China's state cotton firm has inked a marketing deal with Australia's largest cotton processor, Namoi Cotton Co-operative Ltd , which has suffered losses despite record production and prices of the fibre.
The 50/50 joint venture will market the 2012 to 2017 crops globally, Namoi said, giving the world's top cotton buyer direct access to one of the world's top cotton exporting countries.
China National Cotton Group Corp (CNCGC) has reached a Heads of Agreement on the joint venture with Namoi, the Australian company said.
Analysts said on Wednesday the move will shore up the cotton ginner's balance sheet, putting Namoi on a better footing to compete with commodity giants dominating the world cotton trade.
It follows other Chinese deals in the Australian agricultural sector including China's state-owned food and oil giant Cofco acquiring control of Tully Sugar Ltd in July.
Namoi on Monday reported a A$56.7 million ($58.5 million) net loss for the six months to Aug. 31, which it blamed on unprecedented cotton market price volatility and increased borrowing costs.
"The volatility in the price probably has seen other companies caught out too, but many are privately owned and don't have the same requirement to report losses as Namoi does," said Belinda Moore, an analyst with RBS Morgans in Australia.
"It makes sense for Namoi to form a joint venture with the Chinese company as China is one of Australia's biggest cotton customers," Moore added.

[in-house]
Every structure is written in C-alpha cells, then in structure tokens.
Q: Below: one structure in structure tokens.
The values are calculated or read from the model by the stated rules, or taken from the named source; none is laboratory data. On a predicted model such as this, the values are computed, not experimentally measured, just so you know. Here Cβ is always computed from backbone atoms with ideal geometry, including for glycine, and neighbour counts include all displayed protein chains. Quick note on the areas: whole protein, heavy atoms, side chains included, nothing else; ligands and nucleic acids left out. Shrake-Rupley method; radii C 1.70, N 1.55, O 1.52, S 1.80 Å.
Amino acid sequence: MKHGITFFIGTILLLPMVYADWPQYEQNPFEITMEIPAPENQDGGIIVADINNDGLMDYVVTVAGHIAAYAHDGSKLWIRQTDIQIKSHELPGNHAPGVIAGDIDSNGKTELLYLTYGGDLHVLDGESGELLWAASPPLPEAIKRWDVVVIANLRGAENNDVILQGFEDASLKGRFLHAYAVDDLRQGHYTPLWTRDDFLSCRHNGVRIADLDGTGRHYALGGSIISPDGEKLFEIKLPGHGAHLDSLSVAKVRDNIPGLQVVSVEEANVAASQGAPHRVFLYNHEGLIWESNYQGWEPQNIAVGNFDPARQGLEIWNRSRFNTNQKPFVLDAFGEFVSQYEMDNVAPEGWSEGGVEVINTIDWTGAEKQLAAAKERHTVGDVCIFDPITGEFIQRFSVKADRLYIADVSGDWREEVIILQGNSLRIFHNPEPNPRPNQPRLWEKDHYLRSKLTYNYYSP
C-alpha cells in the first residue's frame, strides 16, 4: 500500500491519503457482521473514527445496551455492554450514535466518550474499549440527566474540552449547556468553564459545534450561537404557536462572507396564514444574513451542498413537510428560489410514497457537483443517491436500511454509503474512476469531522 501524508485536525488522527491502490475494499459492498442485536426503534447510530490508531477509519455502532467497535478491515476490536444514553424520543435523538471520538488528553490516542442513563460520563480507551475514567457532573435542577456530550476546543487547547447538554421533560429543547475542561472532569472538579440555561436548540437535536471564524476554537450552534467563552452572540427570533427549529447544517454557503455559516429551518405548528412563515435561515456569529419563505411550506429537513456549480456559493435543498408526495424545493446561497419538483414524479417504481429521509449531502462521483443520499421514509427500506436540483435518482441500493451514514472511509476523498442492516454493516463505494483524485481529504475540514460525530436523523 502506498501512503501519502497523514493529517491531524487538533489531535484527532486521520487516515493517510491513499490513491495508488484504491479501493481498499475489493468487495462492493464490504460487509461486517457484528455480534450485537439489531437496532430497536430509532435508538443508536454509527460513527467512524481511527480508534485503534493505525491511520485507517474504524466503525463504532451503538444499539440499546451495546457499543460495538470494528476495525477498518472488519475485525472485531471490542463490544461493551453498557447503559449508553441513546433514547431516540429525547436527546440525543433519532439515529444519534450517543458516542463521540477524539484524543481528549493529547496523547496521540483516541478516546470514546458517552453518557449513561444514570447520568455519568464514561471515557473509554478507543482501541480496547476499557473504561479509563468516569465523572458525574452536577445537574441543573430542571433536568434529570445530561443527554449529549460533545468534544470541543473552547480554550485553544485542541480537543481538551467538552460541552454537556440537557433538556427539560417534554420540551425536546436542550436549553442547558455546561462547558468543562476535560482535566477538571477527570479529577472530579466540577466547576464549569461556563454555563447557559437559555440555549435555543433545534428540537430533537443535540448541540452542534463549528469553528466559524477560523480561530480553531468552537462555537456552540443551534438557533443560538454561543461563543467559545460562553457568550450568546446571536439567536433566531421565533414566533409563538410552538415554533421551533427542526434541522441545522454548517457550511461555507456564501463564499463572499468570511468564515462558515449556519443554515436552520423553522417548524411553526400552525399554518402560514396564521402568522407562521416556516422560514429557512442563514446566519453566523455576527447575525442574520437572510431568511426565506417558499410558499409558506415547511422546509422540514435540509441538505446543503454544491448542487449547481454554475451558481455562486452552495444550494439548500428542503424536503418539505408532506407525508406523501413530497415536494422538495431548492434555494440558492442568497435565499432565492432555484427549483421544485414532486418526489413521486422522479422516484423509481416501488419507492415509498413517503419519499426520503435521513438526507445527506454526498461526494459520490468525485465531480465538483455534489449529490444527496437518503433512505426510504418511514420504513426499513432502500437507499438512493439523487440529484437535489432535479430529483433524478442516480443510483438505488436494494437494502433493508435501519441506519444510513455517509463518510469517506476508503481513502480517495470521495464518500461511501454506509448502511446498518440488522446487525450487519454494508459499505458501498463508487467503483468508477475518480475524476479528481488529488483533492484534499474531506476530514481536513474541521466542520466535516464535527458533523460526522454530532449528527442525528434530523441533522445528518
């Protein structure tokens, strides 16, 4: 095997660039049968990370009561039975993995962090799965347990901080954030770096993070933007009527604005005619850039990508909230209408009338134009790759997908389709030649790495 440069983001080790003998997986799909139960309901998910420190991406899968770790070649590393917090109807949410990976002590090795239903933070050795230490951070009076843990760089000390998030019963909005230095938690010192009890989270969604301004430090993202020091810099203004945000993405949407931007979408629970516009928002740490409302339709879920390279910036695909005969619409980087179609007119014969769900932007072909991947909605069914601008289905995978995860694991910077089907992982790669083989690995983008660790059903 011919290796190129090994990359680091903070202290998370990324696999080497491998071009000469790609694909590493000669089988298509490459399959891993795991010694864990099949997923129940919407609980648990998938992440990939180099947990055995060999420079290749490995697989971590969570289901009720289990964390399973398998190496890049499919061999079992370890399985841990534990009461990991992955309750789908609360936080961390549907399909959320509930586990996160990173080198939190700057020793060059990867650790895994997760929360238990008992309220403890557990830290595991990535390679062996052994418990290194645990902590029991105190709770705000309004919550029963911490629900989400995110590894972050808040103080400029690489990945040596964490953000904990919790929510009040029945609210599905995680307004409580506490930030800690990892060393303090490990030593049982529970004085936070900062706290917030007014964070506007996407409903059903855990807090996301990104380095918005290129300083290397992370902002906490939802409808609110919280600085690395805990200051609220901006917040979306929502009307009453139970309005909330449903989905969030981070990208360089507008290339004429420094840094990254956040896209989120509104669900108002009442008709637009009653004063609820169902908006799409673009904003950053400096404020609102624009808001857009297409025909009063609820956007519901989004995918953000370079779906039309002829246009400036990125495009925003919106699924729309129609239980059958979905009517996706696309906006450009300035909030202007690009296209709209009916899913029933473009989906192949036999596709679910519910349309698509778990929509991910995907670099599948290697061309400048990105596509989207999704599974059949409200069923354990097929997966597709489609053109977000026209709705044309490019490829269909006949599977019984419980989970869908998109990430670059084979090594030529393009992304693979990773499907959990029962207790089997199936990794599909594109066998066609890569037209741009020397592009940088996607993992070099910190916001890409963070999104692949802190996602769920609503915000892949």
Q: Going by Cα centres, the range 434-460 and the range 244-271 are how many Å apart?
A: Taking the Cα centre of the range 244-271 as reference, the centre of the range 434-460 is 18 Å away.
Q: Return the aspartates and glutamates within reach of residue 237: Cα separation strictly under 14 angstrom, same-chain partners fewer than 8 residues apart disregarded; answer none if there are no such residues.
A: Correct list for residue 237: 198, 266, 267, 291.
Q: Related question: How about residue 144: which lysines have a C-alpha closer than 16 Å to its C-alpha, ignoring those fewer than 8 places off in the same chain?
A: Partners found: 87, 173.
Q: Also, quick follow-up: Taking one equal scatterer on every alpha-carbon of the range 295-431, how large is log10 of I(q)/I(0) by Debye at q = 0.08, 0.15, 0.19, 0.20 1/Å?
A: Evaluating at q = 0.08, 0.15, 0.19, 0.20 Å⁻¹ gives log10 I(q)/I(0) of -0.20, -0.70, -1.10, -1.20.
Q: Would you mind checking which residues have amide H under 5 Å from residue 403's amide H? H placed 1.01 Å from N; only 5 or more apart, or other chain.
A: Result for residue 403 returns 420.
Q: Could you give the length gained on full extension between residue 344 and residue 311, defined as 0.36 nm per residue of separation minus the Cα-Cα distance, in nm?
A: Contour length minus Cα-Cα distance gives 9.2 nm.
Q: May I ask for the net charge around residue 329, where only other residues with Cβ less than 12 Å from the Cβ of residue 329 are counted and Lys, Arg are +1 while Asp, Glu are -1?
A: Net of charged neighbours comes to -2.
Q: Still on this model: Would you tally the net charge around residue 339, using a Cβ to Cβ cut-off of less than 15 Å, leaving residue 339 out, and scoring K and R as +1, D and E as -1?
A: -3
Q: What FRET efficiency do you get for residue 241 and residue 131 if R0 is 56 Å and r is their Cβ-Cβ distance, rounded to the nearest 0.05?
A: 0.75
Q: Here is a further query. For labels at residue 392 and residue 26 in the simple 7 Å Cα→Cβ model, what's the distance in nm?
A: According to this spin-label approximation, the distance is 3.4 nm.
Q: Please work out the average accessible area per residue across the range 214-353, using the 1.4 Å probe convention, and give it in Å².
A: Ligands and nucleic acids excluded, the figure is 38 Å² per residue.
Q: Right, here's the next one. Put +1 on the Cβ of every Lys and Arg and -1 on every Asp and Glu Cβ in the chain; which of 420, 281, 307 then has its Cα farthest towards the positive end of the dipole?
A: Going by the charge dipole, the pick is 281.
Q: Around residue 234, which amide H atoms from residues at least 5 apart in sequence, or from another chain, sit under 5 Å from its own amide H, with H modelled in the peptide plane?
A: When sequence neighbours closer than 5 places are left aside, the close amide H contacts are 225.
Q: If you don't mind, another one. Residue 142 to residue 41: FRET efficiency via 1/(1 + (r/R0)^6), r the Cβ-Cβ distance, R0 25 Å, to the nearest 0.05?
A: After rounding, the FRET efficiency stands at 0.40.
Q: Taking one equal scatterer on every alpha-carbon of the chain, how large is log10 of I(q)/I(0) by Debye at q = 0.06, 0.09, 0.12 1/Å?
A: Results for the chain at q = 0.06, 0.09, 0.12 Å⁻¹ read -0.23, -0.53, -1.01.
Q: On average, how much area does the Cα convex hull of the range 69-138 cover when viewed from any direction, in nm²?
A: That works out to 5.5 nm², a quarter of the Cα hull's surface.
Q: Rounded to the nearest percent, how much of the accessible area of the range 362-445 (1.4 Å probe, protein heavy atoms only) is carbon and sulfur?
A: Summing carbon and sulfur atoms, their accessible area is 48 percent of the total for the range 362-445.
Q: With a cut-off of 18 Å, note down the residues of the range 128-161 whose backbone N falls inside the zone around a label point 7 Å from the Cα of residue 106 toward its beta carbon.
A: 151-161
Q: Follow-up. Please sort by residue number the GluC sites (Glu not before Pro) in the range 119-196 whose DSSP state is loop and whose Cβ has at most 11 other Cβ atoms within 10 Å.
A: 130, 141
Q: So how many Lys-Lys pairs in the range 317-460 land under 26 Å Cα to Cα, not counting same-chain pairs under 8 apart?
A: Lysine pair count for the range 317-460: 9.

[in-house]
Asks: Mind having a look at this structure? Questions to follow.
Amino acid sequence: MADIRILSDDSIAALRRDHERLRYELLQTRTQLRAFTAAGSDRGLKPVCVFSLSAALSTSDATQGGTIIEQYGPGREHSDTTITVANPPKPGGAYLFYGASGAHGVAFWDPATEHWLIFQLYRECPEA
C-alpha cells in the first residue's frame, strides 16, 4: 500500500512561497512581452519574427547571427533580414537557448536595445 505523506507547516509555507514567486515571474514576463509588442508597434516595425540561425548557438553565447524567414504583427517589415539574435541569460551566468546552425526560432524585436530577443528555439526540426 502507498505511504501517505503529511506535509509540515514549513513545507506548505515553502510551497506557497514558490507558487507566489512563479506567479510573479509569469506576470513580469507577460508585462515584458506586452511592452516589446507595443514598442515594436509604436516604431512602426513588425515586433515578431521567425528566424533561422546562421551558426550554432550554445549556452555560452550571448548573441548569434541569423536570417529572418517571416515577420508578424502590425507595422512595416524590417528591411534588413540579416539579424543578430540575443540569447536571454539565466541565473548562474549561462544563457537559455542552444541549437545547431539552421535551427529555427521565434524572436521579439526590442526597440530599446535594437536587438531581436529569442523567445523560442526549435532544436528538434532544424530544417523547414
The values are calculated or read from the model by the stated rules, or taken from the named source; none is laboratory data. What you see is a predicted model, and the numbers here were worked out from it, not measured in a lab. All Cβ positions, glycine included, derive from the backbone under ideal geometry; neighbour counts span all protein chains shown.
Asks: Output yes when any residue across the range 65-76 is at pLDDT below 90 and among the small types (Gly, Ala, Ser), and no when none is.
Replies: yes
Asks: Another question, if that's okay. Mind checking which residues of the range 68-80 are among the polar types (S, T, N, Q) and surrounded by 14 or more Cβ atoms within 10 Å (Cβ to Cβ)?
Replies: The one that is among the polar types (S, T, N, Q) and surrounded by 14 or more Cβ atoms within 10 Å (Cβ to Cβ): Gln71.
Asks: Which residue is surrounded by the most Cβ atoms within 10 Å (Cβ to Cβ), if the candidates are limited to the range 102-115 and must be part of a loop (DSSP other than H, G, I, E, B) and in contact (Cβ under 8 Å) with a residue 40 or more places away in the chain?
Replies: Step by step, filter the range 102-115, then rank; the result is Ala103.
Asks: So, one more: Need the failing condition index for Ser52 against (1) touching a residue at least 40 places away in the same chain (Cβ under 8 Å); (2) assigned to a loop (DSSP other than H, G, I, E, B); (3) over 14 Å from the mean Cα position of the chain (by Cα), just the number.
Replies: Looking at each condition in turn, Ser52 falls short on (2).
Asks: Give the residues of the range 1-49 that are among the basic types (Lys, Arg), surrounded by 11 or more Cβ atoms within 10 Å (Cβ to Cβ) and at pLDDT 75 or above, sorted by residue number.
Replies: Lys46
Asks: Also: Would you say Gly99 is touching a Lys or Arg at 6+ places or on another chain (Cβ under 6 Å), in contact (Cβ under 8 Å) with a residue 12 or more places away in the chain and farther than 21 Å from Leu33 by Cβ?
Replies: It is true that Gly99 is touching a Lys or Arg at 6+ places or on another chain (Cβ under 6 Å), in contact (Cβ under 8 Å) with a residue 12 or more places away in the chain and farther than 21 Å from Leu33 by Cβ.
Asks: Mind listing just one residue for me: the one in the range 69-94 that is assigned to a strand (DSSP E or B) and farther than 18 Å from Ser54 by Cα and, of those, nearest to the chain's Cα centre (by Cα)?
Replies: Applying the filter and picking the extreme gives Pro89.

China's textile industry is the world's top importer of cotton, accounting for around a third of the world's traded material, according to the U.S. Department of Agriculture. Australia is the number three exporter.
Moore said Namoi did not have the financial muscle that larger, more diversified international players in the cotton industry had to deal with market volatility.
Internationally owned firms involved in Australia's cotton industry include U.S. based Dunavant, Cargill Inc and Singapore-listed Olam International's Australian cotton unit Queensland Cotton.
A Melbourne-based agricultural analyst said Chinese interest in Australia's agricultural sector was rising. Deals were also being done in the sugar, dairy and grain industries as appetites for western-style food increase as China's middle class continues to grow.
Cotton prices soared to the highest level in real terms in March since the U.S. civil war nearly 150 years ago, reaching nearly $1.45 per pound, but have since slid to around 99 cents.
Namoi posted a loss despite Australia producing a record 4 million bales (4.4 bales equals one tonne) crop this year.
Namoi ginned around 31 percent of the crop, down slightly from the previous year's 33 percent, but its marketing volumes fell more sharply to under 24 percent from 33 percent in 2010 as it competed against offshore companies operating in Australia.
Australia cotton growers are now planting the 2011/12 crop which could hit a record 5 million bales, barring unfavourable weather, according to industry group Cotton Australia. ($1 = 0.971 Australian dollars)